“Main Attraction” opens a bit like Van Halen, showing off the shredding, and then breaks into a dash.  It’s the least individual of the songs, sounding the most generic, but it’s not a bad tune by any means.  Just the least impressive of nine pretty awesome tunes.

Things take a striking turn on the blues “Doin’ Time” featuring a jam with James Cotton on harmonica.  Beginning authentically, Paul soon breaks into a wicked screamin’ blues.  When James Cotton starts blowin’, the thing just goes to another level.  One of the best rock-blues tracks you’re likely to find this side of Badlands.

A big anthemic ballad called “I’ll Be There” blows the nuts off anything Jon Bon has cooked up over the years.  It’s more like Holidays In Eden era Marillion, two years early.  But that’s just a preamble to the finale:  “Break Down the Barricades”, a massive tune with enough hooks to feed an entire nation of hungry rock n’ rollers all their vitamins and minerals.

Stick it in Your Ear might be the last great debut album of the hard rock age.  While the genre suffered from too much similar product on the shelves, and was destined to be supplanted by something more edgy, this is one album that deserved a shot.  More so than some of its contemporaries by established bands entering slumps at the same time.  This is simply a very special album that started Laine on a long career that continues today.

4.5/5 stars

Saturday Stream of Gratitude

I just felt like saying “thank you”.  And a few other things.  Enjoy this unofficial episode of the LeBrain Train.

Paul Laine Nerds Out with the LeBrain Train – our best episode yet!

One of the things I love most about doing these shows is how spontaneous they are. John and I came into this Paul Laine interview with pages and pages of notes and questions.  Yet some of the best moments were spur of the moment.  Paul Laine is a music nerd just like us!  But not just a music nerd — he loves Star Wars and history as well as rock and roll!

Tonight we learned all about his early years at Little Mountain sound.  The perils of the music biz.  Joining Danger Danger.  Touring.  ShugaazerThe DefiantsDarkhorse.  Who his favourite captain on Star Trek is.

We also corrected some misinformation, touched on some emotional stories, and all around had a very enlightening night.  We had a barrel of laughs!

Paul joins the broadcast at approximately the 0:21:00 mark.  (Prior to this, I did some music onboxings.)   Paul chatted for over two hours.  Brew a hot coffee.  Sit, get a comfortable chair, and watch the whole thing.  It was solid gold from start to finish.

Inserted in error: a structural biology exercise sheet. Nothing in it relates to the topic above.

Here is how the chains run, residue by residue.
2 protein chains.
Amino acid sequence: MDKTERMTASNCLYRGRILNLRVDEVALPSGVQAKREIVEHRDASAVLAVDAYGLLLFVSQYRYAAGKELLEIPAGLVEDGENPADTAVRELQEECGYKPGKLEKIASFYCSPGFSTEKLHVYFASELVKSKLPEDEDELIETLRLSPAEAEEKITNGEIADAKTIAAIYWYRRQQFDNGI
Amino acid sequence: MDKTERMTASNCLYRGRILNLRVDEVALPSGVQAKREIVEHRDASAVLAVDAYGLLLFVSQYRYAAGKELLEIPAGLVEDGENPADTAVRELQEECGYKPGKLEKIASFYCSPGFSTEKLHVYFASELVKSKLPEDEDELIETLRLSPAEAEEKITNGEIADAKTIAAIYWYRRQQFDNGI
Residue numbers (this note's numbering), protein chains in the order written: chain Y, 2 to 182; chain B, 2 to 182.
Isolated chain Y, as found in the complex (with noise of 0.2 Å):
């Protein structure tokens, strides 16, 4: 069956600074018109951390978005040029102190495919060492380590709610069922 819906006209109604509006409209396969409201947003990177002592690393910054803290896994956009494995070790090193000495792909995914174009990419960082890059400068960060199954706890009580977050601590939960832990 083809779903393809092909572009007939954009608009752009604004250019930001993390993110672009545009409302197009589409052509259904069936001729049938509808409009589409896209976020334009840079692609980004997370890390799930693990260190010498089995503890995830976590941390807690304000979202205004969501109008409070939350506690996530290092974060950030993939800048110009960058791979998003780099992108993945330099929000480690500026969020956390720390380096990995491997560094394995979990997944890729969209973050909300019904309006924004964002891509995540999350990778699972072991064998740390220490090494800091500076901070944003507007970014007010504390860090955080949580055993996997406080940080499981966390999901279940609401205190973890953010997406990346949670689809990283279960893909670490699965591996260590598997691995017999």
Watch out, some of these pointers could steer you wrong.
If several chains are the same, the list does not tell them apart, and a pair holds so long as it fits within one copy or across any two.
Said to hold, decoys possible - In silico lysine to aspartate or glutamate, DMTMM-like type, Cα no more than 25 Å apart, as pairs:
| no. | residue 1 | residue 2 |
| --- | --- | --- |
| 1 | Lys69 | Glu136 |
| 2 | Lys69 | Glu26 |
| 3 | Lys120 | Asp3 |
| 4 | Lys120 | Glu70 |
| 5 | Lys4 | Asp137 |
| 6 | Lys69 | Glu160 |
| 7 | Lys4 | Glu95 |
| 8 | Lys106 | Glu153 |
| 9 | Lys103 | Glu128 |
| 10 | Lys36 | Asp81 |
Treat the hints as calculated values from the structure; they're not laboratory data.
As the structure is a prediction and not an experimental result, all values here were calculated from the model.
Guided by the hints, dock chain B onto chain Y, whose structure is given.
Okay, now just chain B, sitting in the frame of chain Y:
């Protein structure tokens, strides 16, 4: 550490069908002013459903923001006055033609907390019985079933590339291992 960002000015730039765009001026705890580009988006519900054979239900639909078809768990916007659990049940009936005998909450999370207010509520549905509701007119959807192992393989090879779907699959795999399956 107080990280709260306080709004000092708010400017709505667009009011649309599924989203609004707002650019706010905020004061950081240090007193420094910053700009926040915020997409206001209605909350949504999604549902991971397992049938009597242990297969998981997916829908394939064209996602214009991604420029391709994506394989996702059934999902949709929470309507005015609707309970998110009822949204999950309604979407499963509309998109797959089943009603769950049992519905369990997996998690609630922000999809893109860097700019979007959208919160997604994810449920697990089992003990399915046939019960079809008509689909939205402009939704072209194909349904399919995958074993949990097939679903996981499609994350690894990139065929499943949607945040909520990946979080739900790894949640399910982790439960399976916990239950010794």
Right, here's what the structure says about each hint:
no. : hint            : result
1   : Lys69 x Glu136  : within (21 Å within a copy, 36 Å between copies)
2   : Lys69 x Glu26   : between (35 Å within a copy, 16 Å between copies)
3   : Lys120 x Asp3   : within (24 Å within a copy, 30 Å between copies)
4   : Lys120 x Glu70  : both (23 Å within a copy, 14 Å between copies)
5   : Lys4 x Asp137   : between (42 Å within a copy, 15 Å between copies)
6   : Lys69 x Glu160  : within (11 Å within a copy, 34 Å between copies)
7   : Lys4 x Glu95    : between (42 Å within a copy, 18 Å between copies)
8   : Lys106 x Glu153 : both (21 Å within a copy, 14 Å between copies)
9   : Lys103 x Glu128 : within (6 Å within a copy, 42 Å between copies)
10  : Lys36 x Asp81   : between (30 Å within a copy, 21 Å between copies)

Best show ever?  My mom thinks so.  Thank you Paul for being such an engaging and entertaining guest, and thank you John for making this happen!

 

REMINDER: Paul Laine on the LeBrain Train TONIGHT!

The LeBrain Train: 2000 Words or More with Mike and John

Episode 63 – Paul Laine

John from 2loud2oldmusic is to thank for this week’s guest:  the hugely talented Paul Laine!  He became a solo star here in Canada back in 1990, but has since worked with Danger Danger, the Defiants, Shugaazer and Darkhorse.  He’s also sung backing vocals on all kinds of records.  Maybe he’s even on that Scorpions CD in your collection.  Stick It In Your Ear, and don’t miss this show!

Friday May 7, 7:00 PM E.S.T. on Facebook:  MikeLeBrain and YouTube:  Mike LeBrain.

 

 

 

 

Paul Laine on this Friday’s LeBrain Train

The LeBrain Train: 2000 Words or More with Mike and John

Episode 63 – Paul Laine

JOHN – We are joined this week by the multi-talented singer, songwriter, musician, composer, engineer, producer and all great guy, Paul Laine. We will cover his career from his 1990 solo album debut Stick It In Your Ear to his time as lead singer of Danger Danger in the 90’s, all the way up to his current band The Defiants, who just confirmed a third album is coming. We will find out about his time with Bruce Fairbairn at Little Mountain Sound Studios, his other bands Shugaazer and Darkhorse and everything in between. Come join the fun.…

MIKE – Paul Laine is a remarkable talent.  At age 16 he was playing clubs.  Knowing he needed money to record a good-sounding demo, he started and sold a management company, raising the needed $50,000.  The tape went from MuchMusic’s Terry David Mulligan to uber-manager Bruce Allen.  By age 22, he had Stick It In Your Ear produced by Bruce Fairbairn under his belt!  As John says, he made the leap from solo artist to band member in 1993 when Danger Danger needed a new singer.  We will be covering it all this Friday night on the LeBrain Train.

Friday May 7, 7:00 PM E.S.T. on Facebook:  MikeLeBrain and YouTube:  Mike LeBrain.

Sunday Screening: Paul Laine – “Dorianna”

From his excellent solo debut Stick It In Your Ear, here is next week’s guest on the LeBrain Train: PAUL LAINE!  Thank John Snow for booking this guest as he co-hosts next week.

Not only does he still have an incredible voice still today, but he has a knack for melodic songwriting.  But not pedestrian songwriting.  His songs tend to have more complexity and attention to detail than most hard rock.  Give his first big hit “Dorianna” from 1990 a listen!